Thought I Knew You(7)

By: Kate Moretti

“Do you cross the line, Claire?” he asked quietly, his back to me. “The demarcation line in our bed, do you move to the other side? Why do you just stare at my back? Why is it always my burden?” He picked up his suitcase, turned, and out of habit, kissed my forehead. Emotionless, rote. He left for the airport. I hadn’t seen him since.

In the dim light of the barn, the late afternoon sun shining through the slats in hazy beams, I cried. I cried because he was right. Greg was the fixer in our life, our go-to guy when everything went to pot. He’d addressed the termite problem last spring. When we had water in our basement over the summer because of three days of rain, he called a plumber to install a sump pump. Until then, I hadn’t known what a sump pump was. He paid the bills, and a few weeks ago, when we had some illegitimate charges show up on our Visa, Greg called Visa and had them cancel our cards and get the charges removed. Those little things in life that I didn’t know how to do, or wouldn’t think to do, terrified me. How were we going to work as a family until he came home? We were fractured, a puzzle missing a piece, without him. He needed to be home. He needed to come home and fix it. Fix us.

“Cody? Come here, Cody! Come home, bud!” I searched the mostly empty barn, pausing to listen for the sound of his nails on the concrete floor. The barn was empty save for the neighbor’s cat, which ran when he saw me, a black ball of fur, skittering away on little white feet.

Cody wasn’t there. I wasn’t surprised. Whether rational or not, I started to believe with unflinching certainty that Cody would not come home until Greg did.

Chapter 4

The first year I worked at Advent, my manager sent me to a training class to understand compliance and the Code of Federal Regulations for drug manufacturing. I worked in the Quality Control Lab as an entry-level technician, and the training was part of orientation. At the time, basic orientation and compliance training were temporarily done offsite in Rochester so employees from New Jersey, Rochester, and Toronto could be trained at the same time.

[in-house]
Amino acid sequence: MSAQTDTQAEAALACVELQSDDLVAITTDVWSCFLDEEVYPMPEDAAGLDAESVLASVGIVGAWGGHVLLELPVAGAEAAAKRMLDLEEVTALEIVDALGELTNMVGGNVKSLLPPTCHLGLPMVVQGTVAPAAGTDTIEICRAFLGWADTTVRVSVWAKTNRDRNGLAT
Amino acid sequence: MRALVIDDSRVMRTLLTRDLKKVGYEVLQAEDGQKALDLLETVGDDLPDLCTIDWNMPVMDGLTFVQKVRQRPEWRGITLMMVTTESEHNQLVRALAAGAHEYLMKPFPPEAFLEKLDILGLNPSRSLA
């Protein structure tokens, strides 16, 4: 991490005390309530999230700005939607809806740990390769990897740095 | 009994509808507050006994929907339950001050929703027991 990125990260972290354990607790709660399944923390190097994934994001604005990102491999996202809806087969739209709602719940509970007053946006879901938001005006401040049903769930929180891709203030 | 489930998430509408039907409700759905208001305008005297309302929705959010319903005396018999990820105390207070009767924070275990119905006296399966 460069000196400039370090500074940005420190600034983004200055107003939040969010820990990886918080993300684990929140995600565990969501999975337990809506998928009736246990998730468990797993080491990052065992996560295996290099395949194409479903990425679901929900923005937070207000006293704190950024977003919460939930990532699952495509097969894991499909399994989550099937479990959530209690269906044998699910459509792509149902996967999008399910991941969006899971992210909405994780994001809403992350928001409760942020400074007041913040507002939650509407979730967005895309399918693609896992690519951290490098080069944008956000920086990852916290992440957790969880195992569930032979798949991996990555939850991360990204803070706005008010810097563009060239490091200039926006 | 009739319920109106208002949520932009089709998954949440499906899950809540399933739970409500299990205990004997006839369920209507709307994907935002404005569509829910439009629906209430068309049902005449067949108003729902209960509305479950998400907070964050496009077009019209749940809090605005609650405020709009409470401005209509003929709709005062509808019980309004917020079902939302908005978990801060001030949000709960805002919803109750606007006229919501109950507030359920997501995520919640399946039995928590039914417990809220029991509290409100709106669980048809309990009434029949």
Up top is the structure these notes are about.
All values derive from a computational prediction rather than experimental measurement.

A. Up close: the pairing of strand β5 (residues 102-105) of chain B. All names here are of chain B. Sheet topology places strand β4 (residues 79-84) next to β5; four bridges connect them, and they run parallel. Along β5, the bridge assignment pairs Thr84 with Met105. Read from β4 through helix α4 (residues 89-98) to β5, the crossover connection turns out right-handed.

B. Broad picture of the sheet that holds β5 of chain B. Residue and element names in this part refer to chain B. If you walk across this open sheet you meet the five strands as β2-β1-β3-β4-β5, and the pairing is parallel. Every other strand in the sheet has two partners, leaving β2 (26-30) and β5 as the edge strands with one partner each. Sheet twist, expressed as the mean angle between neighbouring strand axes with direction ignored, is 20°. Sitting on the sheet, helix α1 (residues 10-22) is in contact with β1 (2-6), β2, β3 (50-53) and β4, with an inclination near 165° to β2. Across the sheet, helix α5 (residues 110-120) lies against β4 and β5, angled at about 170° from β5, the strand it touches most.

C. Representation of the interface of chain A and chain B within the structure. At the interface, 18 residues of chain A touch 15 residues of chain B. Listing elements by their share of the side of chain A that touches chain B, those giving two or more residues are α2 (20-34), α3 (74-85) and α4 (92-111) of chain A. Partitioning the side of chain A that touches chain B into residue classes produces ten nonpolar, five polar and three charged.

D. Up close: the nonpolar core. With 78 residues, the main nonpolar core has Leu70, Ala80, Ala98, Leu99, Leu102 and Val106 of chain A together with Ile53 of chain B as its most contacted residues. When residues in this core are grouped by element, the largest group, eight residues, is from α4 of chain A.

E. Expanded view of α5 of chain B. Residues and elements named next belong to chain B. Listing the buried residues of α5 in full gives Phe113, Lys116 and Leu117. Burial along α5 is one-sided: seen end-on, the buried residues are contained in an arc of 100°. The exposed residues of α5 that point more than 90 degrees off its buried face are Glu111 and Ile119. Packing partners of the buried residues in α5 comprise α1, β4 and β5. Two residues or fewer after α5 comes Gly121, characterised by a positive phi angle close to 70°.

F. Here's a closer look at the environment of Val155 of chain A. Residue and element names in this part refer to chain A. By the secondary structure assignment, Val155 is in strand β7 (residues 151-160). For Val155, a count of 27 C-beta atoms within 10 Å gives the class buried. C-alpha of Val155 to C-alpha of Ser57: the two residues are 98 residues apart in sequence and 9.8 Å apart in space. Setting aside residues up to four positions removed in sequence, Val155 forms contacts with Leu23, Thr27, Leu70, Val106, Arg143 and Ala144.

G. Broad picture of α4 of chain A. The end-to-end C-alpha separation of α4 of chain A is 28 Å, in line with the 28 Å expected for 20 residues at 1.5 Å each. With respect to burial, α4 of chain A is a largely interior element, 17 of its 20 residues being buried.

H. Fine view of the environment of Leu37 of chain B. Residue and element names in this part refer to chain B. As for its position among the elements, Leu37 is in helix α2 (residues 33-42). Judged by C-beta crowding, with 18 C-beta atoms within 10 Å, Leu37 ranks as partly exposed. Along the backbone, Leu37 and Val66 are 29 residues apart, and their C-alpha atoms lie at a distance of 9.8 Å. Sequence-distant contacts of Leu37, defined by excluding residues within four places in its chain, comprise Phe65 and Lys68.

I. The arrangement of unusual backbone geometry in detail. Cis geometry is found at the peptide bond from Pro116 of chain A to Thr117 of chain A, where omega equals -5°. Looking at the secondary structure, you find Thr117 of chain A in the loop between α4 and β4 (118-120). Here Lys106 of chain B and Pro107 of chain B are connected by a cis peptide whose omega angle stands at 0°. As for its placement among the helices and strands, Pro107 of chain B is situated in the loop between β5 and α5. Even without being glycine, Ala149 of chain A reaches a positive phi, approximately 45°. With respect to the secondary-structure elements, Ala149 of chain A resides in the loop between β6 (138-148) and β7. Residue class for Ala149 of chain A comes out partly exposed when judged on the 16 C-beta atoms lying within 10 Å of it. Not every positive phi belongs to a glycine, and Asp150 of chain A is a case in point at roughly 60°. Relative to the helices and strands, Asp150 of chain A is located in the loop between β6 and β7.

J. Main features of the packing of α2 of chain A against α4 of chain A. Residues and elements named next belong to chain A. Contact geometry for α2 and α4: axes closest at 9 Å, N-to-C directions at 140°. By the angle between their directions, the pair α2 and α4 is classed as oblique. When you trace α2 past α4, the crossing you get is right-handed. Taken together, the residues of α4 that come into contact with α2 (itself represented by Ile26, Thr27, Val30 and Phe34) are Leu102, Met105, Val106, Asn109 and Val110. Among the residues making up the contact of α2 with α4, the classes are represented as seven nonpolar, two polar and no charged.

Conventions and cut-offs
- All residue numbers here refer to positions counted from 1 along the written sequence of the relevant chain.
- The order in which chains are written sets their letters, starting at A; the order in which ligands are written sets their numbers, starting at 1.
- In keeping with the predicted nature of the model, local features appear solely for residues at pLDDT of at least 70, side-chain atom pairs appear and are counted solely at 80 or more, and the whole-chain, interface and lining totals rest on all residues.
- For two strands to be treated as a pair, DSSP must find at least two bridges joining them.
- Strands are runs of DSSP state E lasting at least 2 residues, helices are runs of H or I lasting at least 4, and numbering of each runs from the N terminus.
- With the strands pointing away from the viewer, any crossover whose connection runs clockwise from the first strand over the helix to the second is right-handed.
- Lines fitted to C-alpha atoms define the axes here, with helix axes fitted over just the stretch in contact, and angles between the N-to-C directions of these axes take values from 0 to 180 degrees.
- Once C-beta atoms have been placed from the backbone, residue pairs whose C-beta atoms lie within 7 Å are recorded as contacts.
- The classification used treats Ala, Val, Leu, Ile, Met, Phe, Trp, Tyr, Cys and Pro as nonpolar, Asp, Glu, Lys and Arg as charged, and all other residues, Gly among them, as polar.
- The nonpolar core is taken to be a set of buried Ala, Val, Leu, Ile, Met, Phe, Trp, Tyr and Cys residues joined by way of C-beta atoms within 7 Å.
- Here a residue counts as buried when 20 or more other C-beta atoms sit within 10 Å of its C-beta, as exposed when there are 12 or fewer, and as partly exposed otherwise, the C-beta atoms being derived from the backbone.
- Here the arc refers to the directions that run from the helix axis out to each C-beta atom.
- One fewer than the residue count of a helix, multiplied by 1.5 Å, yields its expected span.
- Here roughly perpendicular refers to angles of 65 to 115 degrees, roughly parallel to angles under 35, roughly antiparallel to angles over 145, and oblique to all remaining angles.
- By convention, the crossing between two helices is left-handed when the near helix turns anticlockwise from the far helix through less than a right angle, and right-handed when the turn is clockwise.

I jumped at the chance to do the three-day training course and dragged Sarah, my college roommate, with me. We called it a mini-cation. She took four days off work, and we drove her ten-year-old Toyota the five and a half hours to Rochester. The first night there, we each drank a bottle of wine in our hotel room, silly and drunk on our freedom. I used my corporate American Express for everything—the room, our meals, gas, and the wine. We had a completely free vacation from our one-bedroom box of an apartment. We got the most expensive room I felt comfortable getting, which included a large Jacuzzi tub.

The next day, class started at nine, but being so nervous and green out of college, I arrived at the conference center at eight thirty. The instructor was already there, setting up the room in a large tabled “U.” I hurried to a seat in the back corner and pulled a book from my bag, trying for invisibility. I had a pounding headache from the wine and a venti-sized Starbucks coffee to help me through it.

The instructor coughed, and I pretended not to hear him, avoiding eye contact. Tucked into my book, I heard people filter into the conference room and take seats around me. I realized quickly that almost everyone knew each other, as the greetings were filled with a jovial familiarity that included private jokes and nicknames. In addition, I seemed to be the youngest person in the room by no less than five years. Oh, good. This should be a fun-filled three days. I took out my notepad and pen, just for something to do, and then reddened when I realized that no one else seemed to be taking notes. Too self-conscious to put the pad away, I left it unopened in front of me.

“Hello, everyone. I’m Greg.”

Half the room tittered. “Hi, Greg!”

The introduction was solely for me and possibly one other person. When Greg announced we were going to introduce ourselves, my mind went blank. For a moment, I forgot everything about myself, save for my name. Why was I here? Where did I work? I listened to everyone ahead of me and formulated my answer, repeating it like a mantra. I’m Claire McGivens, and I work in Quality Control in Raritan, New Jersey.

When my turn came, I said, “Hi, I’m Claire McG—” I raised my hand to self-consciously tuck my hair behind my ear, and in the process, elbowed my obnoxiously tall cup—for heaven’s sake, why is it so damn tall?—spilling coffee all over the table in front of me. The lukewarm liquid traveled toward the lip of the table as I sat, paralyzed. Two classmates raced over with paper towels.

I mumbled, “Thank you,” propelled into action by the coffee edging across the table, threatening to spill over onto my colleague’s suit pants.

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